I, MADMAN — Fiction Is Reality [Blu-ray Review]

by Brendan Foley

When you give yourself over to a story, you give that story a life that it never could have had otherwise. The dead words on the page, the phony images on the TV, they all take on a reality and a weight that makes no sense when you stop and think about it. I mean, when you’re watching a horror movie, you know that nobody actually died during the thing. Maybe some mental torture went on, sure, but you know that nobody was actually getting sliced and diced. So why do we still fear the false?

Playing at that inherent falsehood has been at the heart of any number of horror films, going all the way back to Caligari and his cabinet. Horror can often be the most meta of genres, acknowledging its own devices and rules, the better to play with audiences’ expectations.

I, Madman, new on Blu from Shout Factory, deals with these questions head-on. The film can’t bring all its pieces together in the end, but it’s a neat, idiosyncratic little chiller that serves as a nice relief to the cookie cutter slasher fare.

The movie follows Virginia (Jenny Wright, she of Near goddamn Dark), a young bookstore clerk who is quietly obsessed with pulp horror novels. Virginia delights in bringing home cheap tomes of tawdry terror (I really nailed that sentence right there you guys, holy crap), often reading her favorite passages of grue and mayhem aloud to her boyfriend, who happens to be a homicide detective.

Virginia, we learn, is especially fascinated by a book called I, Madman, which details the exploits of an insane doctor who cut off his own face and then began harvesting better features from unwilling victims. The book apparently had something of a nasty history before vanishing, so Virginia couldn’t be more excited when a copy suddenly shows up at her door.

She is somewhat less excited when a mysterious figure identical to the book’s killer begins stalking her, leaving a trail of carnage in his wake.

Let’s get this out of the way right now: I, Madman is a cheap horror picture from 1989, and it looks and sounds the part. Even on Blu-ray, this is a decidedly flat-looking film, lacking even the dripping, ugly reality that elevates some of its 80s brethren (like a C.H.U.D., for example). It falls victim to many of the flaws that plague the slasher subgenre, and the weak lead performance does little to alleviate things. SO if you are someone who is agnostic on retro-horror, I, Madman may not hold enough to interest you.

For people who do enjoy themselves a nice slasher now again, there’s some cool stuff to be found with the way the film plays with the traditional format. For starter, Virginia as a character fits none of the usual tropes we expect from Scream-esque breakdowns of horror rules. She’s not a teenager, she’s not a virgin, she doesn’t spend a lot of time getting hysterical. Movies like Candyman and The Ring would do better versions of this same character, but it’s still nice to see a horror film where the protagonist is an adult woman who doesn’t get sexualized or brutalized or infantilized. This should not feel like a big deal, but it kind of is.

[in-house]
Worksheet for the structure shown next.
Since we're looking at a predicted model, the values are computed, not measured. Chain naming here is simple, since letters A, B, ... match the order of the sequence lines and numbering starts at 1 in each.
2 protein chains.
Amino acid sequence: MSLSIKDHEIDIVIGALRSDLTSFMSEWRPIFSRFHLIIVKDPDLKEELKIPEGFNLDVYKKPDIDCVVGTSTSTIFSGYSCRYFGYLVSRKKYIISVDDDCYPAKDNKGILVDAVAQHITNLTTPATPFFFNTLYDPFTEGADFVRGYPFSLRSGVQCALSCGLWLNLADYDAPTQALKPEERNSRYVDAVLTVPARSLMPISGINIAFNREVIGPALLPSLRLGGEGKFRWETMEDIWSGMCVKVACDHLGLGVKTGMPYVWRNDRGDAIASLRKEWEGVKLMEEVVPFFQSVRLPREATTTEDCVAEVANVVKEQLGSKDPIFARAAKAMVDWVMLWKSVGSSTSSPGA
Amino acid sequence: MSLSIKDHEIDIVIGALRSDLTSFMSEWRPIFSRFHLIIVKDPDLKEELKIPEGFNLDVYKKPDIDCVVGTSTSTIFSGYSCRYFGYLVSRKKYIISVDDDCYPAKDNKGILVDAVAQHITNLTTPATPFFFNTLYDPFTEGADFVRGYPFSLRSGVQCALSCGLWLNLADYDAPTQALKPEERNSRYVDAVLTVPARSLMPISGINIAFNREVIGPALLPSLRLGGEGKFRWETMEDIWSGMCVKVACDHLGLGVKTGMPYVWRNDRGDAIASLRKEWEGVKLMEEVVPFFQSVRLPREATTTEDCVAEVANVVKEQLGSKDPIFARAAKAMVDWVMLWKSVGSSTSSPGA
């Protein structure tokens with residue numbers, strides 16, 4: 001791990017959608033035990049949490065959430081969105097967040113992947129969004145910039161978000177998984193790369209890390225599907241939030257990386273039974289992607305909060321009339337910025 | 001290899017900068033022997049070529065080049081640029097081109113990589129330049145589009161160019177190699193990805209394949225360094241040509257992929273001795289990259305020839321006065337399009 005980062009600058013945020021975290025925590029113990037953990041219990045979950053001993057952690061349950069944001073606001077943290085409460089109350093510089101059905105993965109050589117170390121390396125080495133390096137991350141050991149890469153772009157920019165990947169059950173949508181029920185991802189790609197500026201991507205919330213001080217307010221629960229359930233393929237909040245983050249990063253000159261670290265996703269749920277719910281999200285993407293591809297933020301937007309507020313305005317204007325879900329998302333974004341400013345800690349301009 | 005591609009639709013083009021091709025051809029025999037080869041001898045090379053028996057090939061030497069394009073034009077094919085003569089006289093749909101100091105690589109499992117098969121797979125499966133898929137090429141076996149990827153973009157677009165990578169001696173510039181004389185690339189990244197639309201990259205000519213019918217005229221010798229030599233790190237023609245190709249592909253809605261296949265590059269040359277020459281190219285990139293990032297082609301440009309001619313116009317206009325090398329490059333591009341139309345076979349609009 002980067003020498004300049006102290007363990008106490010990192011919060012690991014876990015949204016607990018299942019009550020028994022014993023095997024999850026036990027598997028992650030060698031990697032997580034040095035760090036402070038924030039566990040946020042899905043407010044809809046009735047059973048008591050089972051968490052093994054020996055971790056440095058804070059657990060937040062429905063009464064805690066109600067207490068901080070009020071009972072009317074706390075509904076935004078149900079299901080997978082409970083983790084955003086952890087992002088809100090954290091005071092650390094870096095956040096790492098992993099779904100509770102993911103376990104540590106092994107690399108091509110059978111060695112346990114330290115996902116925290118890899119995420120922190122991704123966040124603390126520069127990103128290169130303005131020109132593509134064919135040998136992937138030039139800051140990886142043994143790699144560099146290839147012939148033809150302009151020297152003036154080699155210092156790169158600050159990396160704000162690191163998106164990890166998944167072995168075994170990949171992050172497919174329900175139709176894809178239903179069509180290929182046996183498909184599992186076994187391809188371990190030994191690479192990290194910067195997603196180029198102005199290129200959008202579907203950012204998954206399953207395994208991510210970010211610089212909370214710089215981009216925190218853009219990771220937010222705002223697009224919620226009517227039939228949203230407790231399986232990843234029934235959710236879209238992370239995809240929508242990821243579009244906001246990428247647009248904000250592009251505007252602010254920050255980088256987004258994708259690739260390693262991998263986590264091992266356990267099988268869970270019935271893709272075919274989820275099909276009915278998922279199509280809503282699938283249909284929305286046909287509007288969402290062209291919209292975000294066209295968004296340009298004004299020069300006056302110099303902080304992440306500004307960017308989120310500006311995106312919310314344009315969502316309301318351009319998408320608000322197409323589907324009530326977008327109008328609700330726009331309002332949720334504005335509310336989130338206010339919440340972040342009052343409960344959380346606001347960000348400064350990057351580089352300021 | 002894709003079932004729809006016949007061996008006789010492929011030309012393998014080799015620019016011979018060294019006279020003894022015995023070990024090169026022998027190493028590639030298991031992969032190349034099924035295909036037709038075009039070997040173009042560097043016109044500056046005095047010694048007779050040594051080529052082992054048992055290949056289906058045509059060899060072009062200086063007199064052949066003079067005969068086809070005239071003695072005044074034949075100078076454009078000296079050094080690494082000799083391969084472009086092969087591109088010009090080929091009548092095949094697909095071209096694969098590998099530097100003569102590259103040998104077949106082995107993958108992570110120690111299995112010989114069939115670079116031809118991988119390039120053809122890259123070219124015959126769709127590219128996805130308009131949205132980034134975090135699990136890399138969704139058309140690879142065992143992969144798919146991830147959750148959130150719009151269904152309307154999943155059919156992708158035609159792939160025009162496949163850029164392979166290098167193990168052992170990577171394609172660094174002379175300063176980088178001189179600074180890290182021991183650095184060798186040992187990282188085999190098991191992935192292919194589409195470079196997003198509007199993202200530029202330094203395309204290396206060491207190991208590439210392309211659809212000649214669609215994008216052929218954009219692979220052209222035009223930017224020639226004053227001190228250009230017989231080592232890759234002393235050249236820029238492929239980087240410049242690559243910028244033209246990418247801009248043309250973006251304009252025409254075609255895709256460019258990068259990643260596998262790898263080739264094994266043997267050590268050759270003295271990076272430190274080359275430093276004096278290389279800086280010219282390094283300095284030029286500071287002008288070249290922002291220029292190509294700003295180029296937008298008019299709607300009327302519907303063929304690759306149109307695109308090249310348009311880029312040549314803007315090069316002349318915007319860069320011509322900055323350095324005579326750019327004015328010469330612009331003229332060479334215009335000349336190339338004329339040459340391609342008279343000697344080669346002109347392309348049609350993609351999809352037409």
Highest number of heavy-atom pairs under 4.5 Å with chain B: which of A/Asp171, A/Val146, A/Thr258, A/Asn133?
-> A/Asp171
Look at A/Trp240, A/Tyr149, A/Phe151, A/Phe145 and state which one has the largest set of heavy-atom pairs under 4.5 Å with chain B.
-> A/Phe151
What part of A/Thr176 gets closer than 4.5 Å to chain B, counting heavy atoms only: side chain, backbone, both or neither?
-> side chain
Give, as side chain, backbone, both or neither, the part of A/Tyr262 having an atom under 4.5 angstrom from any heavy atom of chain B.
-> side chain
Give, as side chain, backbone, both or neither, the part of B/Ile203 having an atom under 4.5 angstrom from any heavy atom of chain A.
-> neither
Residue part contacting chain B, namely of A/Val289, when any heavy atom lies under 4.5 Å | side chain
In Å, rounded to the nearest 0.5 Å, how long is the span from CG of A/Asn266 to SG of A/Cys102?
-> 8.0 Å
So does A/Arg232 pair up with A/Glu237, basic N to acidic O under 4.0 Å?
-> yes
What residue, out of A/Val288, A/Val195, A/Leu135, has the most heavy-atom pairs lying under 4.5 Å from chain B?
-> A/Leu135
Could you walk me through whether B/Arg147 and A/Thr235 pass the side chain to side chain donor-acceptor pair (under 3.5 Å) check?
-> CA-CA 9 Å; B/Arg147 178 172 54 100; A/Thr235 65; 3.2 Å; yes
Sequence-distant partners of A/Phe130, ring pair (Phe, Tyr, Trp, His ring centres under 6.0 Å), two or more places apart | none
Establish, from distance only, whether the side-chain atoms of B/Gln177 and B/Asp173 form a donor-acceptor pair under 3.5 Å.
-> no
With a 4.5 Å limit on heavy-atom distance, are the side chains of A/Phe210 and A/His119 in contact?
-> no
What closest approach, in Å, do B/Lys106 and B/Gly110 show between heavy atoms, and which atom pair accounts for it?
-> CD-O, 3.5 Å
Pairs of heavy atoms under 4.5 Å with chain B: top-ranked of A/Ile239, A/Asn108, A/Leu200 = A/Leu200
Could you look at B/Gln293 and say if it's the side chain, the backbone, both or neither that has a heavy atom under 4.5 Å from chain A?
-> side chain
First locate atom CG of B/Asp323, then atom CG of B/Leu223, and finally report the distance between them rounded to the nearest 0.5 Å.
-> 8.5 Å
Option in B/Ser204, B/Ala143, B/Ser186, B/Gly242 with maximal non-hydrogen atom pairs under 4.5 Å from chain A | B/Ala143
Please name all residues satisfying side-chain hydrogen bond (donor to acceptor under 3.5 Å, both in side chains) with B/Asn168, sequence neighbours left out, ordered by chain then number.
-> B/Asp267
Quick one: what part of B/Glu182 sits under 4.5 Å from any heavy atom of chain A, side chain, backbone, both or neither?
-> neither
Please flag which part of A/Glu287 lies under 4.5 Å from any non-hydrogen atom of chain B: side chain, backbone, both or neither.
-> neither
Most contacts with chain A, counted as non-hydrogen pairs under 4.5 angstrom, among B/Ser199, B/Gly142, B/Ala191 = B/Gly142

And while the screenplay is often clumsy, they pull off some neat tricks at times. When Virginia first sees the Madman stalking and murdering someone, it seems like the movie has primed us for a classic “I swear that I saw Character X get murdered! The room is empty and there’s no sign of a struggle but I swear it!” Rear Window bullshit.

Instead the cops get to the scene and discover a guy has been butchered. Whoops.

There’s also this one weird part where Virginia is hanging out at a street corner, trying to spot who the Madman might be picking off next, and she sees the guy sprinting across the street, doing this totally goofy run while cars honk their horns at him. It’s such a weird, out-of-nowhere gag, especially in a subgenre where we are conditioned to accept slow-moving killers like Jason or Michael catching up to their running victims with no problems whatsoever. The Madman has to put in some legwork.

The Madman, and the stuff surrounding him, in general is a cut above the rest of the movie, and you should watch the film just to get a sense of what a weird riff on the Iconic Killer he is. The special effects on his mangled face walk a great line between amusing and nauseating. Much of the gore is a touch wetter and rougher than you might expect from such a wacky set-up, and it helps keep you on your toes as the movie goes along.

It makes sense that the Madman stands out, as he’s played by Randall William Cook. If you’re not familiar with the name, you are familiar with the work. Cook won an Oscar for all three Lord of the Rings movies, and before that he made his bones doing stop-motion animation for movies like The Gate or The Thing or The The. Love that last one. Anywho, Cook’s a big tall guy, and he really throws himself into the physicality of the killer, going big and broad with his movement and his voice. The rest of the cast may have been striving to play reality, but Cook dives into the wackiness without a second look back. And the big climax even gives him a chance to stretch some of those animation muscles.

I, Madman is not a lost classic that you must revisit, but it is an interesting enough riff on a classic subgenre that I think fans will get a kick out of it. You’re not supposed to say this, but this is a movie that could use a good remake, one that could build on the interesting ideas and maybe do a stronger version.

Get Charlie Kaufman on that, folks. And he could play the Madman! Holy shit you guys let’s make this movie right now, let’s Kickstart and GoFund and all that other awesome-sauce. To the streets!

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